Many people love France, and many people love the Caribbean. What if a place existed where you combine those two forces and get one beautiful place? Luckily for tourists, a place like that does exist. It’s called Martinique. Located right in the middle of the Caribbean, Martinique is a gorgeous island where the French influence still hasn’t faded. Though tourists can take in the beauty normally associated with the Caribbean islands, they can also enjoy the robust culture that is normally reserved for the beaches of France. It’s a unique combination that has made Martinique a popular destination for princes [...]
Margarita Island is a Duty Free Island. Venezuelans and travelers alike come for spending sprees. Goods such as liquor, chocolate, cheeses, and appliances can be purchased for lower prices than on the mainland. Foreign exchange rates make this island especially attractive.
Old volcano’s and ruins not your cup of tea? Then head for the beach on the undeveloped southern tip of the island. Les Salines is widely regarded as Martinique’s finest. Les Salines gets its name for Etang des Salines, the large salt pond that backs it and although it attracts its share of visitors on weekends and holidays its big enough to accommodate everyone.Water sports options in Martinique’s clear, turquoise waters provide a wide range of choices for the sports-minded traveler. For swimming and snorkeling, it’s always best to check locally for the best places to go as you explore various areas of the island. Technicolor fish and coral abound in the waters near Pointe-du-Bout and Anse Mitan. Water skiing and jet skis are available through many of the beachfront hotels in Pointe-du-Bout as well as in Carbet and Ste. Anne.
As a part of France, Martinique is a part of the European Union. Colonized by France in 1635, the Carib Explusion occurred in 1660 when the island’s indigenous peoples were deported but banned from returning by the French occupying forces. The Island has subsequently remained a French possession except for three brief periods of foreign occupation. The islanders can be seen wearing the latest fashions from Paris and munching on croissants but delve deeper into the cities and you will no doubt hear Zouk music emanating from the clubs, radios and cd players.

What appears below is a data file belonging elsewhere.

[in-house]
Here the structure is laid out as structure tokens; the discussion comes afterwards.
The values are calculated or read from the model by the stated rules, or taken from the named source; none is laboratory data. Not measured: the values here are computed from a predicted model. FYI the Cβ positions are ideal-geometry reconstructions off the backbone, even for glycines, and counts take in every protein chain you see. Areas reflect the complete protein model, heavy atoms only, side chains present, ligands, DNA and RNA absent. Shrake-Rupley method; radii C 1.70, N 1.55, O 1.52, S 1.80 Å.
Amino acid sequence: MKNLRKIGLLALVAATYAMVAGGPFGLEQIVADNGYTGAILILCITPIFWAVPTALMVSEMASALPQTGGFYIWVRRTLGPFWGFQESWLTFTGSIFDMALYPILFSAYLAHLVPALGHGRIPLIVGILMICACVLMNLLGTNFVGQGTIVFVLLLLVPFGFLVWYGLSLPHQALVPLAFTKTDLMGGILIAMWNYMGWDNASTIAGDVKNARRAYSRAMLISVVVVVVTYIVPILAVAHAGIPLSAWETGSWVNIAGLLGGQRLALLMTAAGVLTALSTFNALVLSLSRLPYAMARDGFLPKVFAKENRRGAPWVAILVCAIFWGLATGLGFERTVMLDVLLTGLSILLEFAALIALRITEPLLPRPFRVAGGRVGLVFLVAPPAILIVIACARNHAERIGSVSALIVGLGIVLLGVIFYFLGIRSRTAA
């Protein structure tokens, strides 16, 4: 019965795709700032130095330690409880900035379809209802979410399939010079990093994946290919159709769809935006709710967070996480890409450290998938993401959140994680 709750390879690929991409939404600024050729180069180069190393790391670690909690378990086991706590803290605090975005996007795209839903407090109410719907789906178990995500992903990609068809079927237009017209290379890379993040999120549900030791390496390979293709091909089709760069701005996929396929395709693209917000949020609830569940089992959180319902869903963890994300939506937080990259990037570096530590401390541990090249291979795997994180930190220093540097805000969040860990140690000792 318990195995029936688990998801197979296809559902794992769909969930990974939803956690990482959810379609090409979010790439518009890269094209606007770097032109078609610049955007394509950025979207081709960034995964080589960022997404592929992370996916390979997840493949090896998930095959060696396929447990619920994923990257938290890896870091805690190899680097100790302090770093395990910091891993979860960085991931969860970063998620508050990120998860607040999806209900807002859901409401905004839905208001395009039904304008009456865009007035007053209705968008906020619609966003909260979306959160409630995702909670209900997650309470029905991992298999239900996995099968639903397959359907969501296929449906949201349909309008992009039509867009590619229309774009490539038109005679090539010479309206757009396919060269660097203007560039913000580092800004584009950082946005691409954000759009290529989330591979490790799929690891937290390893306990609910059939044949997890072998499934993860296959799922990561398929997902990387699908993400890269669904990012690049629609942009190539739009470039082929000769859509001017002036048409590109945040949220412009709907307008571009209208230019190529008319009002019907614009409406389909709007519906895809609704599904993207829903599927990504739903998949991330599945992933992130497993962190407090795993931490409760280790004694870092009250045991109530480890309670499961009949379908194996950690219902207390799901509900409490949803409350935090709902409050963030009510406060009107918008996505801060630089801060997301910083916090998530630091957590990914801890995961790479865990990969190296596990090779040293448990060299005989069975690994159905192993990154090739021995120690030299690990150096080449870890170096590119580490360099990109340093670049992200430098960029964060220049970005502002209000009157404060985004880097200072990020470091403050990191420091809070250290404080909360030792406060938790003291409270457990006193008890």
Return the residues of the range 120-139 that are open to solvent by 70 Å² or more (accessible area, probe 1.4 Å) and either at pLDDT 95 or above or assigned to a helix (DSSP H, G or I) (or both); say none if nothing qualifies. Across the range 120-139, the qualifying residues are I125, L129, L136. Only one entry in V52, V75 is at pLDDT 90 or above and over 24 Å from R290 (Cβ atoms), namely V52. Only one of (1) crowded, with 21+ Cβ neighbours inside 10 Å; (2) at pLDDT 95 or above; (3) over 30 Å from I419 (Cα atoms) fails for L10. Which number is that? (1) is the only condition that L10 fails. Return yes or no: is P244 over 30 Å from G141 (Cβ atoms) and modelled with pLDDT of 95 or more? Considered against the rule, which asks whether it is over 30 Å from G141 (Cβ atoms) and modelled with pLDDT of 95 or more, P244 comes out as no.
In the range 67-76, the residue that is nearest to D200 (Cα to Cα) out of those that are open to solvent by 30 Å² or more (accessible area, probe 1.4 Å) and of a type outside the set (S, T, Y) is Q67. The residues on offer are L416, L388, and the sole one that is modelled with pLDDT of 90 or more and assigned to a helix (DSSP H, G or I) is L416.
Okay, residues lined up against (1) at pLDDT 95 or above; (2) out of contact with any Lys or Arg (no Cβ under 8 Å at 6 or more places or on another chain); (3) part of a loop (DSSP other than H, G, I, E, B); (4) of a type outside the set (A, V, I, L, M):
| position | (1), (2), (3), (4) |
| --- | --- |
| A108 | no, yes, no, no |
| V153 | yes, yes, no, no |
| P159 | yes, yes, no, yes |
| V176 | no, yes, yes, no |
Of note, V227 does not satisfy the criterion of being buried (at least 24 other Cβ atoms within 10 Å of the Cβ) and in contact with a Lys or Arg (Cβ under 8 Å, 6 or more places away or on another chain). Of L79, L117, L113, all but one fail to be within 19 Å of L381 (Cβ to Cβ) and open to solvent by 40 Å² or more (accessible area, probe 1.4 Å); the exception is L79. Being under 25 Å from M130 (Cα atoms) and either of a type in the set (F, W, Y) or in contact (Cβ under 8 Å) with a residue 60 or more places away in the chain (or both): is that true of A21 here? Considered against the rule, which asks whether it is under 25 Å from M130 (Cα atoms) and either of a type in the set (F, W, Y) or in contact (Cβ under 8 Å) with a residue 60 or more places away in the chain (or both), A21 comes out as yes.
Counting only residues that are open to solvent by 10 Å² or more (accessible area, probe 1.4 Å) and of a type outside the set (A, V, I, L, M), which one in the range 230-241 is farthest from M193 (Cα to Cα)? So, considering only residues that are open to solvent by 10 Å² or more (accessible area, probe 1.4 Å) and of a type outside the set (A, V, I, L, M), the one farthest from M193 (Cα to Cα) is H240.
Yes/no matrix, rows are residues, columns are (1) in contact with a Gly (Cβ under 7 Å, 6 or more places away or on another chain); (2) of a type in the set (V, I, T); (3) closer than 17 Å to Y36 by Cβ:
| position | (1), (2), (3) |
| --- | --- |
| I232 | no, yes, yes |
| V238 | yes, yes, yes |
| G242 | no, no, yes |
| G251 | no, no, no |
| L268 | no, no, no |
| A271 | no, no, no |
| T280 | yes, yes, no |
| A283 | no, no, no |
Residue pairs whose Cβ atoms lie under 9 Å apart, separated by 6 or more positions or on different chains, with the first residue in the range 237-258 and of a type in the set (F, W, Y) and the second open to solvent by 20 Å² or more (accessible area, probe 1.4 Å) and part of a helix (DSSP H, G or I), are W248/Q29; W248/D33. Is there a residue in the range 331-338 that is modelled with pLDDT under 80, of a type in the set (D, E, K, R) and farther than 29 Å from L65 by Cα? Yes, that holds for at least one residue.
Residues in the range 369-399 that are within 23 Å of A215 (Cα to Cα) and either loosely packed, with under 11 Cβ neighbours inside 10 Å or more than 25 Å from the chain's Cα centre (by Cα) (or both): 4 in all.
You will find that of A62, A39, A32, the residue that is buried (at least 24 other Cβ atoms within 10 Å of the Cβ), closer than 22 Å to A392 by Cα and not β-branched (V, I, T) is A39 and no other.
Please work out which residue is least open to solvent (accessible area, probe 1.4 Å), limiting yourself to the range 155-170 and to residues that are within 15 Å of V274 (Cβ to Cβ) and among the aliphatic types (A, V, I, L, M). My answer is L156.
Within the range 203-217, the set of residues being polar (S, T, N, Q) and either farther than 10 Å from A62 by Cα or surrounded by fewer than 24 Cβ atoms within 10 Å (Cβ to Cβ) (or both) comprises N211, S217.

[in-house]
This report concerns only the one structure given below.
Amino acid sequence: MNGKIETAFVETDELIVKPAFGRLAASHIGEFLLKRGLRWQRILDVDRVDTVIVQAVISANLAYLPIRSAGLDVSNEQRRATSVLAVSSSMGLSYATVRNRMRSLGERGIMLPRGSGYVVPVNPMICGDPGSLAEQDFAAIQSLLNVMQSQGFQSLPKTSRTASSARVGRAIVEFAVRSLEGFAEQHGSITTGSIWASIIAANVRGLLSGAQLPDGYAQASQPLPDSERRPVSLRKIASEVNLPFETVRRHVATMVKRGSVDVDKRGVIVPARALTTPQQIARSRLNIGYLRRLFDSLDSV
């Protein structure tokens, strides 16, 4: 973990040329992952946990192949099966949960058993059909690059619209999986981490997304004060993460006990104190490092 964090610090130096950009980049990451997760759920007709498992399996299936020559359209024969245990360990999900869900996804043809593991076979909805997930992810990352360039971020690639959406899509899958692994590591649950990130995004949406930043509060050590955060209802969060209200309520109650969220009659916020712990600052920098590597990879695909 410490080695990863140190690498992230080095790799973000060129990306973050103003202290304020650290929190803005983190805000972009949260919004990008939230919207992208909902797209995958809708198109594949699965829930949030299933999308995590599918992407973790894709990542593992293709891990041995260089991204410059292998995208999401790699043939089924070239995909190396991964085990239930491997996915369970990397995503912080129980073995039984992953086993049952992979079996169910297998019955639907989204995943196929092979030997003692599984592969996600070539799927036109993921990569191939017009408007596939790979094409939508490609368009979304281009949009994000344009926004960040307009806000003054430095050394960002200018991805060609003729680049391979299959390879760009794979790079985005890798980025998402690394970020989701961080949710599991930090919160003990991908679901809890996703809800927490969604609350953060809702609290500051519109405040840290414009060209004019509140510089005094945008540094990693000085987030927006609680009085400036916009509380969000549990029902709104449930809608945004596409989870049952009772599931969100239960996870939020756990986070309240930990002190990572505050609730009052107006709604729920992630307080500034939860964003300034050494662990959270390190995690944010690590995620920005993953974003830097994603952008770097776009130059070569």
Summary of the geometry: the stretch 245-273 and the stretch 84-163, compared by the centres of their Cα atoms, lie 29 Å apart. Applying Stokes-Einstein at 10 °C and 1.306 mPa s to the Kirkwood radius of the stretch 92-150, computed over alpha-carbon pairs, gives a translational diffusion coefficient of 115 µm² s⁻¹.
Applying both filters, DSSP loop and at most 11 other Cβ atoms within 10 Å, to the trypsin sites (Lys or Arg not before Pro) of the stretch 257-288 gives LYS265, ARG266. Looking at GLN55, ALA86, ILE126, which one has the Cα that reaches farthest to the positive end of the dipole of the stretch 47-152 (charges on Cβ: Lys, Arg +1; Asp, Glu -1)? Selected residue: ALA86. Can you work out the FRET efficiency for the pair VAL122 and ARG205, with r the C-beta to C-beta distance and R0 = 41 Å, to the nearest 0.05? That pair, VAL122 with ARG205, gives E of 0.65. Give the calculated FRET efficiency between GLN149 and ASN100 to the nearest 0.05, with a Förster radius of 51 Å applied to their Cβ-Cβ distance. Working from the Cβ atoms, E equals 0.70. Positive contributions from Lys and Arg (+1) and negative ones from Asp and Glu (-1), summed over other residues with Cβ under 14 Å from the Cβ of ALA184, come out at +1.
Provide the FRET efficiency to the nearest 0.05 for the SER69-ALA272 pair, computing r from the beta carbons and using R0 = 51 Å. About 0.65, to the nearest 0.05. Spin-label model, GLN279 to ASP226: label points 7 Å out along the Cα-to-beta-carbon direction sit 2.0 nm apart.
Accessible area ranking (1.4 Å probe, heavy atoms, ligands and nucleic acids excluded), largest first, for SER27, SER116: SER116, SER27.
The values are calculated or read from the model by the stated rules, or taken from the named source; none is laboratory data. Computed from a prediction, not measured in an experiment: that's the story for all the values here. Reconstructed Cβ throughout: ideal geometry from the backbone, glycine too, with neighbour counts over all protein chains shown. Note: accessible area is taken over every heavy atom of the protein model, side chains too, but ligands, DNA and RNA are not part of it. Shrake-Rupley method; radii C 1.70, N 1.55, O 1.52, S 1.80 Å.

There is no shortage of historical places to visit and every history buff should make The Musee de la Pagerie, a former sugar estate a must see on their list! It was the birthplace of the Empress Josephine and also offers an intimate look into the love story of Napoleon and Josephine, sure to transfix even the most jaded romantic.
Next its off to Saint-Pierre, a mandatory stop. Once the “Little Paris of the West Indies” and the capital of Martinique; It was destroyed by a volcano nearly a century ago. Rebuilt today it still offers a introspective look into a tragic past.
Golf is available on a scenic 18-hole Robert Trent Jones Sr. course set on the bay in Trois Islets. Tennis can be played at many hotels as well as private clubs that often welcome guests as temporary members. Squash is becoming increasingly popular and is available at several locations. Biking, either independently or in cooperation with local cycling clubs or companies can be arranged, sometimes with a guide and meal included in the fee.
Giving you a taste of France in the Caribbean, the island of Martinique is a wealth of culture. By mixing Caribbean cuisine with French influence and doing the same with the culture and language, the island of Martinique is a truly exotic destination for a tropical vacation. While the island certainly offers its fair share of Caribbean beaches, swimming, fishing, and boating, there is more to see than just that. For a truly unique experience that will give the perfect break from your sun worshiping and beach bumming. Make a visit to the Banana Museum.
Located on the Habitation Limbe in [...]